The 2021-01-07 edition of the Standard and Miner featured the story: ‘Locally Operated Alaska Ski Area Shows Many Similarities to KMRA Plans’
This story was an obvious ‘puff piece’ designed to begin selling the Kendall Mountain Rec/Ski Area to local area taxpayers and unsuspecting investors.
Let’s take a closer look, starting with this short video highlighting the stark realities now facing ski areas nationwide.
The obvious question is… Why would KMRAMP be attempting to sell taxpayers and newbie investors this scheme when the ski industry is facing such difficult headwinds, especially when a fully built out ski area (Purgatory) already exists nearby?
Something is very wrong here. This thing stinks to high heaven and it’s time taxpayers begin asking elected officials some tough questions.
Next, lets take a look at some key elements taken directly from the Standard and Miner story that don’t pass the sniff test:
1. ‘It [Skeetawk] opened December 1st, 2020, after 40 years in the making’
Translation: Even after 40 years in the making this bunch can’t figure out how to make the project financially viable.
2. ‘This is what happens when a passionate group [Skeetawk] of people decides to build a ski area with the community in mind.’
Translation: ‘passionate group’ is a code phrase for ’people who have no intention or ability to invest their own money’ and therefore will need constant infusions of Your hard earned taxpayer dollars.
3. ‘Skeetawk currently only has one lift, but has three lifts in the plans. It took the group of volunteers years to put the existing lift in place and it is only about 300 feet.’
Translation: It took this passionate group of 80 volunteers 40 years to build a 300 foot ski lift, so in about 4000 years they should have the rest of the lifts completed. What kind of nonsense is this and how did such drivel get published in the Standard and Miner?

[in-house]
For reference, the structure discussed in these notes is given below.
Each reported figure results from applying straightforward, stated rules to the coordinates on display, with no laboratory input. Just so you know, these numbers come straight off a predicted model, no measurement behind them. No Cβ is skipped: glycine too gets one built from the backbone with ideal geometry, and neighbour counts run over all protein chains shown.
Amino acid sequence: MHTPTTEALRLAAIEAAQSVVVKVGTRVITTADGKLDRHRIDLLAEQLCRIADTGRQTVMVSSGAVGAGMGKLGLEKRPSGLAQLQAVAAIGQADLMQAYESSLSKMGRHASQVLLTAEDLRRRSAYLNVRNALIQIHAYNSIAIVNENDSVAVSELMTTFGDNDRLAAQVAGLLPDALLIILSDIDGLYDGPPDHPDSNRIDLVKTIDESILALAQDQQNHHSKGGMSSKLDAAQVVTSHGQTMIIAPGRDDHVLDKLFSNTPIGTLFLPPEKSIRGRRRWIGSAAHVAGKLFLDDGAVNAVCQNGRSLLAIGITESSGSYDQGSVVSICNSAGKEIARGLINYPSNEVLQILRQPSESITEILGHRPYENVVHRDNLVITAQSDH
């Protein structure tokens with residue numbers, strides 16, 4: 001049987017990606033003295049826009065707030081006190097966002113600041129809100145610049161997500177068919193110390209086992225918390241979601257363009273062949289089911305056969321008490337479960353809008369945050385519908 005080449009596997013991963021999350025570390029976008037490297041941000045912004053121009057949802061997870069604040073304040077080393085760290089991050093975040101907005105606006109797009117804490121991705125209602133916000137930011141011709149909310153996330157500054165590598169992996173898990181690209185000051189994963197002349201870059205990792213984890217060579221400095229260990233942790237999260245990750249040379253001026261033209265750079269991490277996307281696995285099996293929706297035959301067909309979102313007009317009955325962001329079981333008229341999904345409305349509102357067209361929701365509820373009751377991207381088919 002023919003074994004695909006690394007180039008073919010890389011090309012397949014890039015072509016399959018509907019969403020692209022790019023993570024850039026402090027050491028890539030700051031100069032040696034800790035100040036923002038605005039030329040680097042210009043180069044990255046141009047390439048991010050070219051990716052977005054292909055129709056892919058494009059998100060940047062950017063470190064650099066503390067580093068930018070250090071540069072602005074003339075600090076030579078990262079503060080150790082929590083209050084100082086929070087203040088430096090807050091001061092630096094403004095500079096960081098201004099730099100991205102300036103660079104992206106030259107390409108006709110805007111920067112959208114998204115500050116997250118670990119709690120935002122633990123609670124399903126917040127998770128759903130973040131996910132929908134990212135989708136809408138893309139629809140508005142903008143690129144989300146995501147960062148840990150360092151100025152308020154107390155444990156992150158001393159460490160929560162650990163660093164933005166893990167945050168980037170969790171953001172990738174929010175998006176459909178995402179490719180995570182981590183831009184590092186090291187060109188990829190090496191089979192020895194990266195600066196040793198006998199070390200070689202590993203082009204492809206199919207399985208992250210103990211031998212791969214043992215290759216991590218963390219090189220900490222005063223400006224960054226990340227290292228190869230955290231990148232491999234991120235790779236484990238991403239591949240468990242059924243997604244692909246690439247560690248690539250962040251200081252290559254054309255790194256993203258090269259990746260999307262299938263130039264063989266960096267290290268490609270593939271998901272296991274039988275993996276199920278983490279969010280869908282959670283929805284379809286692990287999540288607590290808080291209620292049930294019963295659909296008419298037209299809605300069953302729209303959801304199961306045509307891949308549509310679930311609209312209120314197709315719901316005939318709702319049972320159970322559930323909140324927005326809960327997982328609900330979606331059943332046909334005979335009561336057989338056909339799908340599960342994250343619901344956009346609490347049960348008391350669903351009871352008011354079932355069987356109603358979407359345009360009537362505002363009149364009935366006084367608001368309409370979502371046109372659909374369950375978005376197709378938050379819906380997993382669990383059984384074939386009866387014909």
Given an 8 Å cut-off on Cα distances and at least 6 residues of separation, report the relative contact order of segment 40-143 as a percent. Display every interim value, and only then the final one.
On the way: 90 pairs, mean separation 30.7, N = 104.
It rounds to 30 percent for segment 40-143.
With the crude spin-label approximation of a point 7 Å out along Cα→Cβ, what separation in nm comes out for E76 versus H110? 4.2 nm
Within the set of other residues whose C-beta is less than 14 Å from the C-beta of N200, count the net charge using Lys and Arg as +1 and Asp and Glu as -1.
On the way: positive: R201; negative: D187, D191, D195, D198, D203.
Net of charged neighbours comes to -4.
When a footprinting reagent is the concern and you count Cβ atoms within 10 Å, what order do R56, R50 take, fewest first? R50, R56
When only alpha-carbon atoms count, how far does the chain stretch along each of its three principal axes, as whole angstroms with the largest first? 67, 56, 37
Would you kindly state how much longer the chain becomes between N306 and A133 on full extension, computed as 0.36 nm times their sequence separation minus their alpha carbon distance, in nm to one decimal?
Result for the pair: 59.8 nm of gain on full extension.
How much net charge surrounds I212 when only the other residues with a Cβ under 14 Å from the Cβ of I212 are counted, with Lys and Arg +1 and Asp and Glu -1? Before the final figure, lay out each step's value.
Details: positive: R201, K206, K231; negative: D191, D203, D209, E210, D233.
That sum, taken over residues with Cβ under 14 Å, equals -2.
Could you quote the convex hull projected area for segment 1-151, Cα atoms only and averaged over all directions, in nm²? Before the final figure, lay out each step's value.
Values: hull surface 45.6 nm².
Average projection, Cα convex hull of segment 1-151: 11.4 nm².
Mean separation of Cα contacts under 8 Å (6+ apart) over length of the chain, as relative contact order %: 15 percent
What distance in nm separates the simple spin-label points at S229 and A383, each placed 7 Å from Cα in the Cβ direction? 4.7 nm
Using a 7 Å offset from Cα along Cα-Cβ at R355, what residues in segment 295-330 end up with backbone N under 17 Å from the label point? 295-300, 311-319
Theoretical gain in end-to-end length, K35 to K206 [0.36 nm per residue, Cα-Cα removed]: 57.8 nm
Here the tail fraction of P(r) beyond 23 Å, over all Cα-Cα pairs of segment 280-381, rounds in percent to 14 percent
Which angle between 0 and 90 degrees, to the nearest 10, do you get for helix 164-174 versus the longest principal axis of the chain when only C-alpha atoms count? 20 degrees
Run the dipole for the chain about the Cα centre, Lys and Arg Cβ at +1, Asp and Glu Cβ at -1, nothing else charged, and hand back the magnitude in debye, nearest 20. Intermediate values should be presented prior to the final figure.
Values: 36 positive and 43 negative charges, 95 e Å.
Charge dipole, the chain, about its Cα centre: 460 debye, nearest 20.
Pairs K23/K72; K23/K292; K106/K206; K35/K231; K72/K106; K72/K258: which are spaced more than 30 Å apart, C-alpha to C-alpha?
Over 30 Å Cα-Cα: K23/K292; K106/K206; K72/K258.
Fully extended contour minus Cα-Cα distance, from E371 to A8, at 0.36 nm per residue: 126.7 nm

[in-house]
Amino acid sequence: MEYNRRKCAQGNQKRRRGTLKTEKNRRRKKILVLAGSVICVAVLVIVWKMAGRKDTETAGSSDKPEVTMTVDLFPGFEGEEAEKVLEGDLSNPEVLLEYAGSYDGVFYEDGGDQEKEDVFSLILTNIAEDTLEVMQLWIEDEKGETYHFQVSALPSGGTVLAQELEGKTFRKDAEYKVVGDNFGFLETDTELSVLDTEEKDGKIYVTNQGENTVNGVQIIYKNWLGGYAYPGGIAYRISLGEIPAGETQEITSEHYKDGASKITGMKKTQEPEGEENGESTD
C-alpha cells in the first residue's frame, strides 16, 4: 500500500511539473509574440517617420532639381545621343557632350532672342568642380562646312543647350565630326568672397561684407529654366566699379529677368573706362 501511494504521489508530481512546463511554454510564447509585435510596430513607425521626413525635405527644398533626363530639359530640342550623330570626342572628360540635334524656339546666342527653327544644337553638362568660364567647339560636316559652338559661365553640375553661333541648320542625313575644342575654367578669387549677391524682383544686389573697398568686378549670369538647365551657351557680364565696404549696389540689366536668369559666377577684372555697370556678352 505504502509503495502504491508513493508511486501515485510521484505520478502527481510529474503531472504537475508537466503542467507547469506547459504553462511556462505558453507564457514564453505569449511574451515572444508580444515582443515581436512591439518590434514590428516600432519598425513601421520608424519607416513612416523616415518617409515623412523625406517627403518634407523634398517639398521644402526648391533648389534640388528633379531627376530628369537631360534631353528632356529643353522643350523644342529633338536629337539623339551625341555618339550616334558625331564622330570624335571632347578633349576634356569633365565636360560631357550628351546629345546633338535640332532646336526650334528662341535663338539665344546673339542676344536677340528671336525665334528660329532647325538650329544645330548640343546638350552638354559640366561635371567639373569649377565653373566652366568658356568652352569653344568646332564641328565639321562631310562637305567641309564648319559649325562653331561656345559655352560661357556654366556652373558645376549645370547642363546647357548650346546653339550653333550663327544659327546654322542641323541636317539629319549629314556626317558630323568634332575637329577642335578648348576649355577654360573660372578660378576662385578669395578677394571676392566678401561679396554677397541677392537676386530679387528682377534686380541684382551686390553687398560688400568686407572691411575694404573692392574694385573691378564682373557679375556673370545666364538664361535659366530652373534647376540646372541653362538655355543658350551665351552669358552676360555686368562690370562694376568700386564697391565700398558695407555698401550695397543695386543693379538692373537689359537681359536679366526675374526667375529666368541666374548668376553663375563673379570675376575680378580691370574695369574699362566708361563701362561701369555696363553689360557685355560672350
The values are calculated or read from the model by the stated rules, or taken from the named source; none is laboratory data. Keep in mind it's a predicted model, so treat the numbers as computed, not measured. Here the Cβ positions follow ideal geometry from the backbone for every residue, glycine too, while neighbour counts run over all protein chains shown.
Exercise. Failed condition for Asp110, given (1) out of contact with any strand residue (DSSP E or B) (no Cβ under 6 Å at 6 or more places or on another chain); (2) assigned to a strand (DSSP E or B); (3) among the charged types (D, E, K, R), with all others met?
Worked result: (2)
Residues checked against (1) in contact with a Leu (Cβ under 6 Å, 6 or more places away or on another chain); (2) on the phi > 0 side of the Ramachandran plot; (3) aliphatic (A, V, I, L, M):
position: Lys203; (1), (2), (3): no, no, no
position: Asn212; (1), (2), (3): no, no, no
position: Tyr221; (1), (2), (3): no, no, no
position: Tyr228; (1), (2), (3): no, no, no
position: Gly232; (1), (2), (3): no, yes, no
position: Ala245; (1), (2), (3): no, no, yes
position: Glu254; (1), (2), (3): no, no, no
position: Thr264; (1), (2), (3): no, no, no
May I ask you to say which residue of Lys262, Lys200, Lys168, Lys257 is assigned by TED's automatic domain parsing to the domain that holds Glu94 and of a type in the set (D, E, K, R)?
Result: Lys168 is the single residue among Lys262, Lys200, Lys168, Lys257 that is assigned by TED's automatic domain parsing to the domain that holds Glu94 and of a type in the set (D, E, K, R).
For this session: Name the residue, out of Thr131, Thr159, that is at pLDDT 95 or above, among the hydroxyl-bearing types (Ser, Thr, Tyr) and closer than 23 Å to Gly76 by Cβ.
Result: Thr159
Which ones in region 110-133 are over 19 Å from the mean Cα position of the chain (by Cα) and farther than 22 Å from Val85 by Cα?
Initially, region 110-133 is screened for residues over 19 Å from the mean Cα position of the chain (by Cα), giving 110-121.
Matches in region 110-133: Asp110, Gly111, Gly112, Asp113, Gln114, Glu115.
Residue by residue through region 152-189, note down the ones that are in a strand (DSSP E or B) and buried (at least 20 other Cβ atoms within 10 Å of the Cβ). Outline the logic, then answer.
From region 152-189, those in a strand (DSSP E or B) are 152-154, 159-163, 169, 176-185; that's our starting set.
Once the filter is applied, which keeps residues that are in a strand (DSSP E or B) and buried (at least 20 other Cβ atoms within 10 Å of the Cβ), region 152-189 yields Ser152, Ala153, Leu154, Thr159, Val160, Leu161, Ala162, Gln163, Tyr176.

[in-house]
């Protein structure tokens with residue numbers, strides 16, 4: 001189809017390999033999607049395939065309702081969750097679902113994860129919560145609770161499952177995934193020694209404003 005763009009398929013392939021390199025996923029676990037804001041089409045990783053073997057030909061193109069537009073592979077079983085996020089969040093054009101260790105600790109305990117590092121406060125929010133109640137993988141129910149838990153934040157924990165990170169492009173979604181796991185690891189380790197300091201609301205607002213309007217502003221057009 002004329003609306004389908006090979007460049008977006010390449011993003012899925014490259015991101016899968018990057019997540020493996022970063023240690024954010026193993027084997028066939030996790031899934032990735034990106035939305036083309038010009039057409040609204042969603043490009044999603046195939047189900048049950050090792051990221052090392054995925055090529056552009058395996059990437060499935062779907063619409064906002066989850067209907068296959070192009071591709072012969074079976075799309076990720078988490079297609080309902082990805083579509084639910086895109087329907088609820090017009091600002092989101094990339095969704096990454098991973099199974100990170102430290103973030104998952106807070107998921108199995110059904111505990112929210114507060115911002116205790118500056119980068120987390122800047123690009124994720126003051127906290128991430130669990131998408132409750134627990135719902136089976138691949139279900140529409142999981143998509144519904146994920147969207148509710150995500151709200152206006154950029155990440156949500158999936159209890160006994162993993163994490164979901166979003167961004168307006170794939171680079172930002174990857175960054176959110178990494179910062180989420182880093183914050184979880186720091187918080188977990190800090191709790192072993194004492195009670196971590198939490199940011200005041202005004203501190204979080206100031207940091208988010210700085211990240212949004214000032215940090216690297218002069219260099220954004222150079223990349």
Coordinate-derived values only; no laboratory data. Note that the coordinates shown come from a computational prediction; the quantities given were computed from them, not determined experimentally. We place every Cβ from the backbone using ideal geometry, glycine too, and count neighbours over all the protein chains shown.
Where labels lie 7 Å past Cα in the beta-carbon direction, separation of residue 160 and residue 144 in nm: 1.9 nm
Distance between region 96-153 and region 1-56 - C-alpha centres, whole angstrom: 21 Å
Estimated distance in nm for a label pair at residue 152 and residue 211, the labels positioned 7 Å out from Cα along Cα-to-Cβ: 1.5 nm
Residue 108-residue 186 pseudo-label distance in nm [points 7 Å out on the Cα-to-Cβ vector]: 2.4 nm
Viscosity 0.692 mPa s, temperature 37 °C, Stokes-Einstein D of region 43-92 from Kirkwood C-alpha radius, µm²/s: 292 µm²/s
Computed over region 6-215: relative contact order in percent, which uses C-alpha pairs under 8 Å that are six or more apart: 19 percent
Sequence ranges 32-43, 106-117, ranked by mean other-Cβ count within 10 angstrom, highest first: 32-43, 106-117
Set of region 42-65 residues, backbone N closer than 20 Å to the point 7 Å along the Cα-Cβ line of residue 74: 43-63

4. ‘They also had a Board of Directors that helped make decisions similar to the KMRAMPC. However, their Board consists of 11 people and had 80 volunteers working alongside them. Now, Skeetawk has about 14 paid staff.’
Question: Where do they get the money for 14 paid Staff? They’re only open weekends and on school holidays. Looks like these folks could use some lessons in basic math.
5. ‘We were also able to use some funds from the Alaska Community Foundation for Coronavirus relief.’
Translation: So here’s where the money is coming from to open and pay those 14 employees. After 40 years in the making they must now rely on Coronavirus relief funds. Good thing Covid-19 just happened to come along in time. What a lifesaver!
We can only hope that more scamdemics will follow as needed for Kendall Mountain.
6. ‘A lot of them [Skeetawk boosters] are kids from the community and they are ‘super stoked’ about the ski area…’
Translation: We don’t allow children to drive, consume alcohol, vote or make important financial decisions. Kids are ‘stoked’ about a lot of stuff but that doesn’t make them responsible, discerning adults.
Shady promoters long ago learned to use kids, kittens and puppies to sell products that otherwise couldn’t be sold.
The Bottom Line:
The Kendall Mountain Rec/Ski Area project is indeed like the Skeetawk Ski Area… Neither makes even the slightest financial sense.
Counting on Covid-19 relief funding and other gimmicks is a one way ticket to the poor house for already strapped taxpayers. It’s time to put this boondoggle out to pasture!